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Nowadays, the possibility of wolf population’s restoration in the Northeast districts of America draws significant attention. The researchers continue to evaluate the potential advantages and disadvantages of the idea, and, in the state of New York, the public opinion is gradually shifting from negative to positive attitudes towards the reestablishment of the wolf population (Enck & Brown, 2002). The recent findings in the wildlife populations’ research demonstrate that the restoration of wolves in the Adirondack Park may positively influence regional development and may contribute to the improvement of the environmental condition.
The Adirondack Park
The Park occupies a massive part of New York. The territory of the Park comprises a few cities and yet the surroundings of the Adirondack Mountains are in the preserved zone (The Adirondack Park, 2016). It is one of the favorite holiday destinations for many people who love nature, and the initiative for the gray wolf population restoration has the potential for the acceleration of tourism development. Ecotourism is a promising trajectory in the industry, and many people can be attracted by the opportunities to encounter wolves (Enck & Brown, 2002). In this way, economic growth may be regarded as an indirect consequence of animals’ restoration, and economic development will contribute to the enhancement of local infrastructures and increase in life quality.
When the Americans first commenced the settlement in the Northeast of the country, the wolves were perceived as deleterious and dangerous animals. As a result of such prejudiced attitudes and lack of objective knowledge about wolves’ behavior, the animals were completely expatriated by 1874, and at the moment of the official establishment of the Adirondack Park, there were no wolves on its territory (Enck & Brown, 2002). Nowadays, gray wolves are protected under the Endangered Species Act, which remains in force in forty-eight states. And the further expansion of wolves’ living environment will contribute to species conservation.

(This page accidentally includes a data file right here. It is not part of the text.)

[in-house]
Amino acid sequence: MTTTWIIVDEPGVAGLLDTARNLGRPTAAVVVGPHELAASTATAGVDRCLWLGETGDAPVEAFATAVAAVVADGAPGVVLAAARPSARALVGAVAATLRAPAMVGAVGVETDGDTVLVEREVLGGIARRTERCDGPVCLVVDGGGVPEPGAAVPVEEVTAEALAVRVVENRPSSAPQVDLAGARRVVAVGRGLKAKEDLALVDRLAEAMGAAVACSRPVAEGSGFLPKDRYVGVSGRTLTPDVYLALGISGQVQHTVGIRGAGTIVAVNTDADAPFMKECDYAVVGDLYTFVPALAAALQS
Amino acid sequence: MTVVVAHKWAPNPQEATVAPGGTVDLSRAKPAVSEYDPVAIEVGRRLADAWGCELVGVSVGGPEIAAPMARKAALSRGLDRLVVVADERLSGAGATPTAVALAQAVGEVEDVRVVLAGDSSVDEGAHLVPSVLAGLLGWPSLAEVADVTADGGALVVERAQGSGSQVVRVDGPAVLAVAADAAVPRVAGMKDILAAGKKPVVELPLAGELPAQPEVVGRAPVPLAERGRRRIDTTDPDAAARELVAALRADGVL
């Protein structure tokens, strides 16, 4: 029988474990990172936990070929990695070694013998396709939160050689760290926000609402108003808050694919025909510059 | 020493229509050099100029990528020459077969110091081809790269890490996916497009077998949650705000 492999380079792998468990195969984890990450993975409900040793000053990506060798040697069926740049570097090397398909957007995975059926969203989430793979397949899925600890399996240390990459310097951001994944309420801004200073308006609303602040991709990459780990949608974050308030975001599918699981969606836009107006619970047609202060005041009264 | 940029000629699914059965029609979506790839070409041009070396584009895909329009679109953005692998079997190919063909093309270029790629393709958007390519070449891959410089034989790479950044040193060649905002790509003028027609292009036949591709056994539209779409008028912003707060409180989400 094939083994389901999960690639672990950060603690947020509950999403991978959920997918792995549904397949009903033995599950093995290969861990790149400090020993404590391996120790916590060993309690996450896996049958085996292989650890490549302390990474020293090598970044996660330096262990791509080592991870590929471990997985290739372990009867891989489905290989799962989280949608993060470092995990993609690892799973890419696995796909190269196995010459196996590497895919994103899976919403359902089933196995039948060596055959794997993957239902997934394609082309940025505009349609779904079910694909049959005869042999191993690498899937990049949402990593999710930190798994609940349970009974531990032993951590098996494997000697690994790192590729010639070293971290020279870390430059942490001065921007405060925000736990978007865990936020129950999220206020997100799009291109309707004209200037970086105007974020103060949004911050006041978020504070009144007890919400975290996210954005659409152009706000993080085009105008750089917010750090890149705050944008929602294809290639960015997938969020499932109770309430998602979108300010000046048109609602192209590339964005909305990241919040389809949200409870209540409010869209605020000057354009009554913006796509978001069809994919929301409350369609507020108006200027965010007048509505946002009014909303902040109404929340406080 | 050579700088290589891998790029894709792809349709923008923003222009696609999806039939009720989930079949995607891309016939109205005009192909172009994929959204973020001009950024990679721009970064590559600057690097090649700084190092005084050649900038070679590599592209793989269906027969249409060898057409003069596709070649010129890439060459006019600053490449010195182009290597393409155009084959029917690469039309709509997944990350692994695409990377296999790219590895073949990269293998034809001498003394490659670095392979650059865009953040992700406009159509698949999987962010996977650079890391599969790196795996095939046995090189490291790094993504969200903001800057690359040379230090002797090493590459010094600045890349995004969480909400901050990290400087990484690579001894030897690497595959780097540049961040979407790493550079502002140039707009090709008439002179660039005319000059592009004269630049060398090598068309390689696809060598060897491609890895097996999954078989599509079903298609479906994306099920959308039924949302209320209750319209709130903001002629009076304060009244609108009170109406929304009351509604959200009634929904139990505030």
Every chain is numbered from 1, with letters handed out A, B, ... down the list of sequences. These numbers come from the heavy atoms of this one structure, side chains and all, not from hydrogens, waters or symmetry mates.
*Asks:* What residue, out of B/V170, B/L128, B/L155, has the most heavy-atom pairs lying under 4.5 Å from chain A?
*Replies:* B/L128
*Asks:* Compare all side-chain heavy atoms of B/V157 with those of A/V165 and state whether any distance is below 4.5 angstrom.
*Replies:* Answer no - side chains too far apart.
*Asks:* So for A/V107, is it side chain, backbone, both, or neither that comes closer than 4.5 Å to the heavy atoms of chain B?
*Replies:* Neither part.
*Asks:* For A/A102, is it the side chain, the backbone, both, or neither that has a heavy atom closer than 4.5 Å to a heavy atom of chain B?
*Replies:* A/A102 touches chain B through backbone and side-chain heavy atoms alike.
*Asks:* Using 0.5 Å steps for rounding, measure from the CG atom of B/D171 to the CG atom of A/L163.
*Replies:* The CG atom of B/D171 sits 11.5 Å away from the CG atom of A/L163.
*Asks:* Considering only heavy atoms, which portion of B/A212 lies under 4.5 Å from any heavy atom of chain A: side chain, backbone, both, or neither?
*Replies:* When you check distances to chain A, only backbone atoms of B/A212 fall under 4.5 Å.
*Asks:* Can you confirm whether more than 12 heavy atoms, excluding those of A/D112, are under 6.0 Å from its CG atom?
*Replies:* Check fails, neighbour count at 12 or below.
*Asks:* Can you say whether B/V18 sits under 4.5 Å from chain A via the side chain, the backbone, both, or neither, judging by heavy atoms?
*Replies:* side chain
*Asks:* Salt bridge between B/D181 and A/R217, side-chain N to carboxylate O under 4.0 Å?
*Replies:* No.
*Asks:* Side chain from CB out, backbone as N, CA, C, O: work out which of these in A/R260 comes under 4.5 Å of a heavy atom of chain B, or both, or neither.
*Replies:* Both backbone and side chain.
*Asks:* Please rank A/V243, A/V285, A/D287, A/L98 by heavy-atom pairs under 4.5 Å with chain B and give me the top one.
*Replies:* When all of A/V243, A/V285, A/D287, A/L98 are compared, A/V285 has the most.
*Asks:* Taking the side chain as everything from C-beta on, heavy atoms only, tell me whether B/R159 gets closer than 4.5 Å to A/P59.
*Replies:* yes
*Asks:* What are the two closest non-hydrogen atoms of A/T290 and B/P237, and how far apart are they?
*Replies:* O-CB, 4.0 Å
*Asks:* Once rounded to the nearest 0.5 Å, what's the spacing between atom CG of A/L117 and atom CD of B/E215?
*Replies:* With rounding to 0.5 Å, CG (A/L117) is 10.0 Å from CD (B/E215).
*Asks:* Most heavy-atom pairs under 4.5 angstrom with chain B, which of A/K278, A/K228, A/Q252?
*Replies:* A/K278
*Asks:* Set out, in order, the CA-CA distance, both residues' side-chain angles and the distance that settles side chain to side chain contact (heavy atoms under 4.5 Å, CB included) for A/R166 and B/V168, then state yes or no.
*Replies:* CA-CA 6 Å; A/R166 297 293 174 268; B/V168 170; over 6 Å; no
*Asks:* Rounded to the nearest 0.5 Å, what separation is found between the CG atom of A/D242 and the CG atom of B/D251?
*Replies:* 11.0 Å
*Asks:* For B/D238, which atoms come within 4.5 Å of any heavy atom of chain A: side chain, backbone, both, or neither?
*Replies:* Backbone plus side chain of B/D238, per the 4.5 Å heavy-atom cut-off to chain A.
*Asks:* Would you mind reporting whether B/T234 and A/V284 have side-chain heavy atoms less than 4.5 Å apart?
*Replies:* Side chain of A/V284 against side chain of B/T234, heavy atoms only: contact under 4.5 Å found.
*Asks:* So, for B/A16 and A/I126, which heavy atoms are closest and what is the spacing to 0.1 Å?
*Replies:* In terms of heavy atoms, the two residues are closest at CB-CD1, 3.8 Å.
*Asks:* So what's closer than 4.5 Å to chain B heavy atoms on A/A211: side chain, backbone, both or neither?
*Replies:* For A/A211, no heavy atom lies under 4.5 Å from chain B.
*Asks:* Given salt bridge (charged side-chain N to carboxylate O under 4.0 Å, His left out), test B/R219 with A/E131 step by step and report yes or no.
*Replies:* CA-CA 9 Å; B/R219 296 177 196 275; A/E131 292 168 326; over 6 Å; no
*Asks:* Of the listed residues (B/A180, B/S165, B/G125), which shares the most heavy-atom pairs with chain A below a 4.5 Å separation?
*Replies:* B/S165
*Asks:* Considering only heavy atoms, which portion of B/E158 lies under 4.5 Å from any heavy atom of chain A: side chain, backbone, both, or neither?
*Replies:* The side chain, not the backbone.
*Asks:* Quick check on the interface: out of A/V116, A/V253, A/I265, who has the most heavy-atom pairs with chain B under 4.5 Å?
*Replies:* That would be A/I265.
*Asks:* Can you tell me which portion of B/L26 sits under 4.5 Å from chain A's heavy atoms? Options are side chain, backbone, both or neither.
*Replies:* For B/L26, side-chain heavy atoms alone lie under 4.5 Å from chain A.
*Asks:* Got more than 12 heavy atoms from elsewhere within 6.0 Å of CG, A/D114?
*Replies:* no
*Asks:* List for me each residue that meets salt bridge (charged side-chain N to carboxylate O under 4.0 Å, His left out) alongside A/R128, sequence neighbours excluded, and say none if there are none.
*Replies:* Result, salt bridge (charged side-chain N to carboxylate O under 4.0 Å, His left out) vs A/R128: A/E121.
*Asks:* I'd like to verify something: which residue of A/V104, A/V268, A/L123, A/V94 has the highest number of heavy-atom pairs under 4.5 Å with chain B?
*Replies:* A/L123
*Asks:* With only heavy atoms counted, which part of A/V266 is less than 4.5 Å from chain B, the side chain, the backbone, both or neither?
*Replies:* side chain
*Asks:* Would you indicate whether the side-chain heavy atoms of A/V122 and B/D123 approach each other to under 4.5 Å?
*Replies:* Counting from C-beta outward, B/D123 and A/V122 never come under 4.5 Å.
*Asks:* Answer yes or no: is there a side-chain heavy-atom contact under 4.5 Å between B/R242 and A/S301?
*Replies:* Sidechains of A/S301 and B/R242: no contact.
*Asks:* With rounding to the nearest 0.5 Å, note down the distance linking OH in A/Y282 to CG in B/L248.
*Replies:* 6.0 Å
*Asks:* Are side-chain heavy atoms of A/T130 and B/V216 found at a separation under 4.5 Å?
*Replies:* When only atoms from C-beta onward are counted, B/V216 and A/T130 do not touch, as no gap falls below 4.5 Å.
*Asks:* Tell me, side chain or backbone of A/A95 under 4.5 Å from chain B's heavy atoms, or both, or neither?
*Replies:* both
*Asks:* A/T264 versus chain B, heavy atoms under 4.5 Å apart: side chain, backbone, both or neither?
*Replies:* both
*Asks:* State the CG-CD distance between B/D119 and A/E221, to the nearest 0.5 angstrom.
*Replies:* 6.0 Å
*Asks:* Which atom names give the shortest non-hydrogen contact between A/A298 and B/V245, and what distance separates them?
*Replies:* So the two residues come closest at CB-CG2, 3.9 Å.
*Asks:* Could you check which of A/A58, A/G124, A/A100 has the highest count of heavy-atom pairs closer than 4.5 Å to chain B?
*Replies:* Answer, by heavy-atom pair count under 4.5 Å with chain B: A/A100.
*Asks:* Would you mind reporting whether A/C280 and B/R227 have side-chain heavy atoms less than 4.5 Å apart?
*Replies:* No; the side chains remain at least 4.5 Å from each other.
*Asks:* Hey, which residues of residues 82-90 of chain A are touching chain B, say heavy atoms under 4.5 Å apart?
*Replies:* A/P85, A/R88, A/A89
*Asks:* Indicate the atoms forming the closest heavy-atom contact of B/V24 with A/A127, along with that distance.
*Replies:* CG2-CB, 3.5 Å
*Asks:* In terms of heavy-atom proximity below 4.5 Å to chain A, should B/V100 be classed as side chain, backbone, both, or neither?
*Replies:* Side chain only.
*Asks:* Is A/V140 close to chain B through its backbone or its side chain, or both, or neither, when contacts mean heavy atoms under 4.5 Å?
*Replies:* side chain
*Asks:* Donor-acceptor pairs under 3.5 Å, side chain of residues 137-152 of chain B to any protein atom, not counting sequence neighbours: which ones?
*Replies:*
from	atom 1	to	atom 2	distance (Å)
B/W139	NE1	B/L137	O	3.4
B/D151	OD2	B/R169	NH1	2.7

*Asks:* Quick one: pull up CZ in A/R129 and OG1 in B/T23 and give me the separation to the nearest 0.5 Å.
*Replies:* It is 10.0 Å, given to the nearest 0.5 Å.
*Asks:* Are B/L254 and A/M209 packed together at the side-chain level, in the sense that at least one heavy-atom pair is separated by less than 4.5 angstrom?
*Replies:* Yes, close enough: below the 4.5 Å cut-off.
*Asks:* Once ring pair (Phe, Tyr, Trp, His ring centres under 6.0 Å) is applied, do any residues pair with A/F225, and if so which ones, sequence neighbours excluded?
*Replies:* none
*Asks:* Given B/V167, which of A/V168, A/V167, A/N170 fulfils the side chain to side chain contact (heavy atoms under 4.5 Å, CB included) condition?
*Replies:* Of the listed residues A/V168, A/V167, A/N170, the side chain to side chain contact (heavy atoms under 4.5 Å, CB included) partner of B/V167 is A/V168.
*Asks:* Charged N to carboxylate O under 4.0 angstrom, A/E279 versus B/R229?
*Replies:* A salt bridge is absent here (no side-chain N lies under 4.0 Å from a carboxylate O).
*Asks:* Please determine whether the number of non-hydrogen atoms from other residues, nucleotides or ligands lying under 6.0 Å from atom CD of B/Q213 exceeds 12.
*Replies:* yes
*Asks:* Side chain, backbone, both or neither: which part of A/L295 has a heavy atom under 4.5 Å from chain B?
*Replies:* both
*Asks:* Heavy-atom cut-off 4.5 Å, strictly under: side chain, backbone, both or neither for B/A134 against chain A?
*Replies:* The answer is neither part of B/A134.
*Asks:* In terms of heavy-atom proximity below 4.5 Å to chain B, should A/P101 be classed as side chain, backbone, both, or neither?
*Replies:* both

One of the biggest environmental challenges in the Adirondack Park is the large and uncontrolled population of deer that significantly harms the environment and raises the issues of deforestation. Deer eat the young shoots of trees and, in this way, contribute to the extinction of some other species. However, the reestablishment of wolves’ population may provoke favorable outcomes in problem-resolving.
It is possible to observe in the example of Yellowstone Park where the similar problems with elk overpopulation took place that the restoration of wolf population may help to maintain the environmental stability (White & Garrott, 2005).
For a long time, elk put the population of beavers at the risk of extinction. Beavers played a huge role in the ecosystem, but when they were deprived of access to the food they simply left the Park’s area, and it led to the gradual desiccation of water reservoirs. The reappearance of wolves helped to restore the delicate balance of the ecosystem. The wolves influenced elks’ behavior – they became more cautious and started to spend most of the time hiding in the forests. As a result, deforestation near the ponds decreased, and other wildlife populations could return to their living environments.
The review of research findings revealed that the restoration of the wolf population may provoke multiple positive outcomes in regional development and environmental stability maintenance. Moreover, the reestablishment of the wolf population has implications for environmental education. The potential benefits for the ecosystem achieved through the reappearance of wolves in the Adirondack Park may be explored and evaluated, and the accumulated evidence will serve as a historical document for the prevention of the similar mistakes provoked by the lack of knowledge.
Enck, J. W., & Brown, T. L. (2002). New Yorkers’ attitudes toward restoring wolves to the Adirondack Park. Wildlife Society Bulletin, 30(1), 16–28. Web.
The Adirondack Park. (2016). Web.
White, P. J., & Garrott, R. A. (2005). Northern Yellowstone elk after wolf restoration. Wildlife Society Bulletin, 33(3), 942–955. Web.